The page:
function custom_block_styles_css() {
	$blocks = ['table'];
	foreach($blocks as $block) {
		wp_enqueue_block_style( "core/$block", array(
			"handle" => "custom-$block",
			"src"    => get_theme_file_uri( "css/blocks/$block.min.css" ),
		) );
add_action( 'after_setup_theme', 'custom_block_styles_css' );

This function is only helpful for core blocks of course because of line 5, but that’s fine for now.

On line 3 we have an array. As we create more styles we’ll add to that array. The important thing here is that we use the official names for the blocks. IE: table, list, quote, pullquote, etc…

Now we need to create the CSS file. Let’s create a new folder inside our css folder called “blocks” and inside of that, create your table.scss file. If you’re not using a bundler, just use a regular CSS file and change the filename of the above code on line 7.

Step 3: Adding the CSS

View the post you created on the front-end. If you view the source, you should see the table is wrapped in a <figure> element with the class is-style-dark-stripes. Open up your table.scss file and let’s make it look good. {
	table {
		thead, tfoot {
			border-color: #141414;
		tbody {
			tr:nth-child(odd) {
				background-color: #222222;
	th, td {
		border-color: #141414;

Make sure your bundler is running then save the code. Refresh the page and you should see a nicer version of stripes.

dark stripes applied to a table

Step 4: Optimize

If you chose to create a CSS file for each block type you plan to style, you might notice that those CSS files load whether you’re using those blocks or not. We can add a very simple line of code that will only load those assets when the block is being used. Add the following code to your functions.php file:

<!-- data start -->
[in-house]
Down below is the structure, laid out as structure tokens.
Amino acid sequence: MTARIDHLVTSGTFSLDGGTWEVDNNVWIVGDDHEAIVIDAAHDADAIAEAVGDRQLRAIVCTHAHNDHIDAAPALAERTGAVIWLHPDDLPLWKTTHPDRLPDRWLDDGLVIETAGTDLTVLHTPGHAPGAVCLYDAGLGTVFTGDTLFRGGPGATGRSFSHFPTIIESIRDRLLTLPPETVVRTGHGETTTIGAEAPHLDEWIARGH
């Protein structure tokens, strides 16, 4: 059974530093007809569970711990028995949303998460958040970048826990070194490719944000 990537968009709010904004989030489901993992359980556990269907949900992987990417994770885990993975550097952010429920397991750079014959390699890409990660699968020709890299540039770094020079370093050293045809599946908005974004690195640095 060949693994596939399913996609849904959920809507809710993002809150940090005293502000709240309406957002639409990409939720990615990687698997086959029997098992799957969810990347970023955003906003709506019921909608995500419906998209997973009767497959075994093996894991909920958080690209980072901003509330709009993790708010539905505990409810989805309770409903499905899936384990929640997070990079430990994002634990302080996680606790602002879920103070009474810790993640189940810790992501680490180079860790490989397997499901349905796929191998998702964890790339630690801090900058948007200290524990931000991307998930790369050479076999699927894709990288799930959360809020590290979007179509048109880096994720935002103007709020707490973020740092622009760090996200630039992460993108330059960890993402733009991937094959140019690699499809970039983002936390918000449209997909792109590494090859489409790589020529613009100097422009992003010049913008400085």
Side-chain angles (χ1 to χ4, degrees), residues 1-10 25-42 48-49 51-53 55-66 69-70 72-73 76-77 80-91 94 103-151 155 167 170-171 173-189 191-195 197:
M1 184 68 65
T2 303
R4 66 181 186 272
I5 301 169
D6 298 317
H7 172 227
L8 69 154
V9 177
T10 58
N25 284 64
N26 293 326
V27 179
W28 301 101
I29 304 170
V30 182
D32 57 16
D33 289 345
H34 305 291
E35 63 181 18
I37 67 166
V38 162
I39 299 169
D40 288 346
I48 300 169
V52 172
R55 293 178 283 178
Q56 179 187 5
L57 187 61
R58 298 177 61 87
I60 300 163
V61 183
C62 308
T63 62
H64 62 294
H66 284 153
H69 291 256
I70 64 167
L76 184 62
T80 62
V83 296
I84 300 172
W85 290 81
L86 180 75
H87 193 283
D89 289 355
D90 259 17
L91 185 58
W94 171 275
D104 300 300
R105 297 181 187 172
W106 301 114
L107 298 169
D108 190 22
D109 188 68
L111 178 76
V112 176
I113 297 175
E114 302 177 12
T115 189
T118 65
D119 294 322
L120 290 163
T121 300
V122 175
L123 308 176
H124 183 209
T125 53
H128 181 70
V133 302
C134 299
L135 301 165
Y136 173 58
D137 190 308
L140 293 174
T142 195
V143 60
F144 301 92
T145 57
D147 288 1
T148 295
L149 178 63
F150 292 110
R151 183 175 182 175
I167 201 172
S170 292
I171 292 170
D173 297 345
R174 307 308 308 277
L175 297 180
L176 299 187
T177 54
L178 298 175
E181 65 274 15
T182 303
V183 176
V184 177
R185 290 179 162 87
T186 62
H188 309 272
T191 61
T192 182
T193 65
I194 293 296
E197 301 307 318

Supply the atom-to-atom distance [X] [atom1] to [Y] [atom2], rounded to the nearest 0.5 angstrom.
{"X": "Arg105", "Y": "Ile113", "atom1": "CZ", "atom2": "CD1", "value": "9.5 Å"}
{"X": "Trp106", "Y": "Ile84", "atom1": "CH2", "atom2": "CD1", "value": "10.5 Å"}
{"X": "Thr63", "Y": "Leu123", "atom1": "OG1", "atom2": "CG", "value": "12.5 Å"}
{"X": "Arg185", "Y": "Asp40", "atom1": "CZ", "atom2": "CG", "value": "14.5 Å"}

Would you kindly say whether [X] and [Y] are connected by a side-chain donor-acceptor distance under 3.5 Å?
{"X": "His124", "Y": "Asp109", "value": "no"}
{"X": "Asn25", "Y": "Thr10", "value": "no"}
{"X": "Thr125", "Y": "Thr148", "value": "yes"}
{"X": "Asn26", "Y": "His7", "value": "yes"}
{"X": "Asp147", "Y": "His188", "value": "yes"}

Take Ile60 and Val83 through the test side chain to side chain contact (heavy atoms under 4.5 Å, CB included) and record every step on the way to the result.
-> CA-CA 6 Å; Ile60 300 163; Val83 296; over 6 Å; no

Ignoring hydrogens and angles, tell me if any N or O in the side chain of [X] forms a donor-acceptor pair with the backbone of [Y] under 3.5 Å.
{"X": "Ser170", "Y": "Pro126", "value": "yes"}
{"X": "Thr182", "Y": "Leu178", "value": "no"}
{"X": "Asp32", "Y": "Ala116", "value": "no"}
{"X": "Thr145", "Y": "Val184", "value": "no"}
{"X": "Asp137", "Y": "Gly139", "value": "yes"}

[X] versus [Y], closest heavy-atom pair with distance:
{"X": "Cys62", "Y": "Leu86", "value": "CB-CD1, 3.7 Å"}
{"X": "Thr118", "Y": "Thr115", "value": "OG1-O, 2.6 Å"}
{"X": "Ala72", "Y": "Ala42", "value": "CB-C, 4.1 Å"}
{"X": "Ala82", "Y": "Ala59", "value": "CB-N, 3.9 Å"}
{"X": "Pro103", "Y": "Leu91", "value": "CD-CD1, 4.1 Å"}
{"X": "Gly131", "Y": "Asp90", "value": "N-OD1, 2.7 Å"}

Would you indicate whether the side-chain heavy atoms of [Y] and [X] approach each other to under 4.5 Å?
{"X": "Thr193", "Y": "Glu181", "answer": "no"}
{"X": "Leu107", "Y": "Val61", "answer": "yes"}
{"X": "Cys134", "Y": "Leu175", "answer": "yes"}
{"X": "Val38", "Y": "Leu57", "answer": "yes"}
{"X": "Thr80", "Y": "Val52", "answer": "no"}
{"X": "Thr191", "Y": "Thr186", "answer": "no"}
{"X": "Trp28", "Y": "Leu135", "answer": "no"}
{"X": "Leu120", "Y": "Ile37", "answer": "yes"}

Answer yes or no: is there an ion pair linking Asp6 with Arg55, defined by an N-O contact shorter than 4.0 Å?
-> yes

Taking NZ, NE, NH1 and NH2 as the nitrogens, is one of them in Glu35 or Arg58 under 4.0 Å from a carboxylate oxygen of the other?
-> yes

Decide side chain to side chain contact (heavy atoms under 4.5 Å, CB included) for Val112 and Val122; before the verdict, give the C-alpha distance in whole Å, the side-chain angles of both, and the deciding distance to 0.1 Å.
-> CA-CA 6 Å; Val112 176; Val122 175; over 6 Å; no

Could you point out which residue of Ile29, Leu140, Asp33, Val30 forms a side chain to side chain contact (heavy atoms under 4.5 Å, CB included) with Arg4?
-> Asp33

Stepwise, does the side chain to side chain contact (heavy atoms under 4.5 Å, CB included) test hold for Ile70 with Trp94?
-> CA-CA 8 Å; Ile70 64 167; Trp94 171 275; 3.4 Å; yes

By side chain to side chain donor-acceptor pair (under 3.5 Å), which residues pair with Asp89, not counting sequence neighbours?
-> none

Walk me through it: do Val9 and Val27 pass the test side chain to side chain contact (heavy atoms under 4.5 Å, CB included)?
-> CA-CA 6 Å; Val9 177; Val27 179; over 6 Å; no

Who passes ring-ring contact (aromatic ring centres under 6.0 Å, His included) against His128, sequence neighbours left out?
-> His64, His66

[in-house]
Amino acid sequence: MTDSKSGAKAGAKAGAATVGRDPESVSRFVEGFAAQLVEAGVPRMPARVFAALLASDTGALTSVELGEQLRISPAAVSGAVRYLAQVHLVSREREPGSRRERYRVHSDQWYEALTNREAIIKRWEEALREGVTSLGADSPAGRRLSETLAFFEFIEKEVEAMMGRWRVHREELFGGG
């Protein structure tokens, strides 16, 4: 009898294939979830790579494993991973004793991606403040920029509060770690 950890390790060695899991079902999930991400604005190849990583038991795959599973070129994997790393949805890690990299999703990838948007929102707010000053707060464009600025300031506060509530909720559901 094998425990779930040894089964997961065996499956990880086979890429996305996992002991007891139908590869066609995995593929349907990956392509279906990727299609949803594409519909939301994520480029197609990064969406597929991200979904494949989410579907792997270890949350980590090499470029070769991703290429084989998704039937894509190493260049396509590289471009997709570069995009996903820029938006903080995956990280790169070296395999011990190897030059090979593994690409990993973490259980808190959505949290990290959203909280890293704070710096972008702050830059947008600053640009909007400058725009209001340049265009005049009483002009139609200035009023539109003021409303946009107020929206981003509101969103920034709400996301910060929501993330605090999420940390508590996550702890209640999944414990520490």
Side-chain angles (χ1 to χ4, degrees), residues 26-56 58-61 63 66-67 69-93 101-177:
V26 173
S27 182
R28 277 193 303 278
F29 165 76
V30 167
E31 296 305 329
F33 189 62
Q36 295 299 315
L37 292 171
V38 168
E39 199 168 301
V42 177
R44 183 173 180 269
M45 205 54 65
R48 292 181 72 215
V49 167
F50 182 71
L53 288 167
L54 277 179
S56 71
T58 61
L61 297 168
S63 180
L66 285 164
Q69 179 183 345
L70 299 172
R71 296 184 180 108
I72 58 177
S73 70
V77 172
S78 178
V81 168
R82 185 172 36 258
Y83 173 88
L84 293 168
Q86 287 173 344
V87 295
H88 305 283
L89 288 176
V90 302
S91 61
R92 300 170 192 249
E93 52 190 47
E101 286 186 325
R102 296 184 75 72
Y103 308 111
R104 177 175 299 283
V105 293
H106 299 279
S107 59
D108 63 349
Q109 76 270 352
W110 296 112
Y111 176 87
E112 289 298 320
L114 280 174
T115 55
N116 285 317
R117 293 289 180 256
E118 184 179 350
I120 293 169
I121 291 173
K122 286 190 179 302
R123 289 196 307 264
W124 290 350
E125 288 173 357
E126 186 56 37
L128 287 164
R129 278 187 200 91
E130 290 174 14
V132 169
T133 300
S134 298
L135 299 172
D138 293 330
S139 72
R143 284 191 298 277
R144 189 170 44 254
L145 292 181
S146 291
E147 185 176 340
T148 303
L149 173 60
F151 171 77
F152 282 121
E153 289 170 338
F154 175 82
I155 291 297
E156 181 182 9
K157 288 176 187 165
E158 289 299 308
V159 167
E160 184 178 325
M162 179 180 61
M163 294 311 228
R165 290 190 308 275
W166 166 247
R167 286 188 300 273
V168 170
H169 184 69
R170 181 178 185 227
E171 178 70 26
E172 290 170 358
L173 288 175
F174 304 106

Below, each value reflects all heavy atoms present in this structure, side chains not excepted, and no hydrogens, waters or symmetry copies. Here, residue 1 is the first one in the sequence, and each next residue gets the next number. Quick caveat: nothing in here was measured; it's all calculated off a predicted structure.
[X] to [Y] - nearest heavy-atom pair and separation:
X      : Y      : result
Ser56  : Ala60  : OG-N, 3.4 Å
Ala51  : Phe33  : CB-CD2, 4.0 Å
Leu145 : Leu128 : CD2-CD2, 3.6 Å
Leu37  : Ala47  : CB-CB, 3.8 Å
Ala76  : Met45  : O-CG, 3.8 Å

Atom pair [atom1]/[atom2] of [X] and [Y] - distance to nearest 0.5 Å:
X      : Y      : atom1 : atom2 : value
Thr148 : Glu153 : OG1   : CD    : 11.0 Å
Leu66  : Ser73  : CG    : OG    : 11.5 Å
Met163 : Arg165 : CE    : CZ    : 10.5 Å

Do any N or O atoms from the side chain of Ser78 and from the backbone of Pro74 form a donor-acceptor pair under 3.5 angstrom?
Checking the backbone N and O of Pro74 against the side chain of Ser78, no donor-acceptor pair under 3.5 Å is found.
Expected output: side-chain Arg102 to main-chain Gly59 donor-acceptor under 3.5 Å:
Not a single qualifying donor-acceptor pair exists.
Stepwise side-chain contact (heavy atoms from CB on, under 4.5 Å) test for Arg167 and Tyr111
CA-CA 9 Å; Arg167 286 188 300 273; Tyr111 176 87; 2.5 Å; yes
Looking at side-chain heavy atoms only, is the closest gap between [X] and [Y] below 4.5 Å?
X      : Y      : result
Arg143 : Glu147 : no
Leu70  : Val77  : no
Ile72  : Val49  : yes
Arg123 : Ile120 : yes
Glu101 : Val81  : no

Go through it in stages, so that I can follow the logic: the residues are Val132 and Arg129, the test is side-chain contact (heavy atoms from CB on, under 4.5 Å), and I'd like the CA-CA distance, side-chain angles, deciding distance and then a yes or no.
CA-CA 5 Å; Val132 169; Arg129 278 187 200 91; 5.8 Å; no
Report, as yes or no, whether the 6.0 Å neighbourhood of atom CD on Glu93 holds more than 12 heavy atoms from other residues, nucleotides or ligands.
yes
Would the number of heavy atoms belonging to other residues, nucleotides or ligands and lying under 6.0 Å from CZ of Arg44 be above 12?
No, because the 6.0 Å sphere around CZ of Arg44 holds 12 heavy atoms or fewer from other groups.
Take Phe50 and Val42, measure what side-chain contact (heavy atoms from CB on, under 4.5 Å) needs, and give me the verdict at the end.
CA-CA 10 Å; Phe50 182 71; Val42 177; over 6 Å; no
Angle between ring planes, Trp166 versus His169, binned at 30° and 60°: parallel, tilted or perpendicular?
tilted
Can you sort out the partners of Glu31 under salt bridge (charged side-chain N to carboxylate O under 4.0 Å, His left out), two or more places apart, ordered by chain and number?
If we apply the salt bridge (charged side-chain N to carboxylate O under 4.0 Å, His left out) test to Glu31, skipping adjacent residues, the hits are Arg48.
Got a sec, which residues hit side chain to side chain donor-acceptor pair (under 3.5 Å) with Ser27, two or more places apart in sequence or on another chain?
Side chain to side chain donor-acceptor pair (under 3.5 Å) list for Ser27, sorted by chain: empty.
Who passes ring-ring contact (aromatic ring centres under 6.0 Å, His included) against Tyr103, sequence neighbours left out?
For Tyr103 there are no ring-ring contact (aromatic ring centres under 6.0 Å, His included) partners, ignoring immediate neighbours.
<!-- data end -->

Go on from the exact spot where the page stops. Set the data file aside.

// only load block assets if the block is being used
add_filter( 'should_load_separate_core_block_assets', '__return_true' );

Step 5: List Styles

Let’s create another block style. Lists are something I’ve needed to style in practically every theme I’ve had to build for a client. It also has some quirks, so I feel like it’s a good idea to cover this one.

Open your js/block-styles.js file and let’s register a new style for core/list.

 * Lists
wp.blocks.registerBlockStyle('core/list', {
    name: 'hearts',
    label: 'Hearts',

In the post you created, add a couple of lists. One set to default type, and one a numbered list. Then set both of them to use your new “hearts” style.

Add a new list.scss file to your css/blocks folder. Remember, the file name needs to match the block name. See the sample code below: {
	list-style-type: '❤️';

	li {
		padding-left: 10px;
} {
	li {
		padding-left: 15px;

		&::marker {
			content:  '❤️' counter(list-item);
			color: dodgerblue;
			font-weight: bold;

We want separate styles for both ul and ol. The reason being is we don’t want to remove the numbers from an ordered list. Line 14 above you’ll see that you can add both an icon and the counter. There are ways to reset the counter in the code as well. We need to avoid doing that because sometimes users will break their ordered lists and start again later in their post.

You have now created one style that works for both types of lists.

preview of heart list block styles

That concludes Block Styles!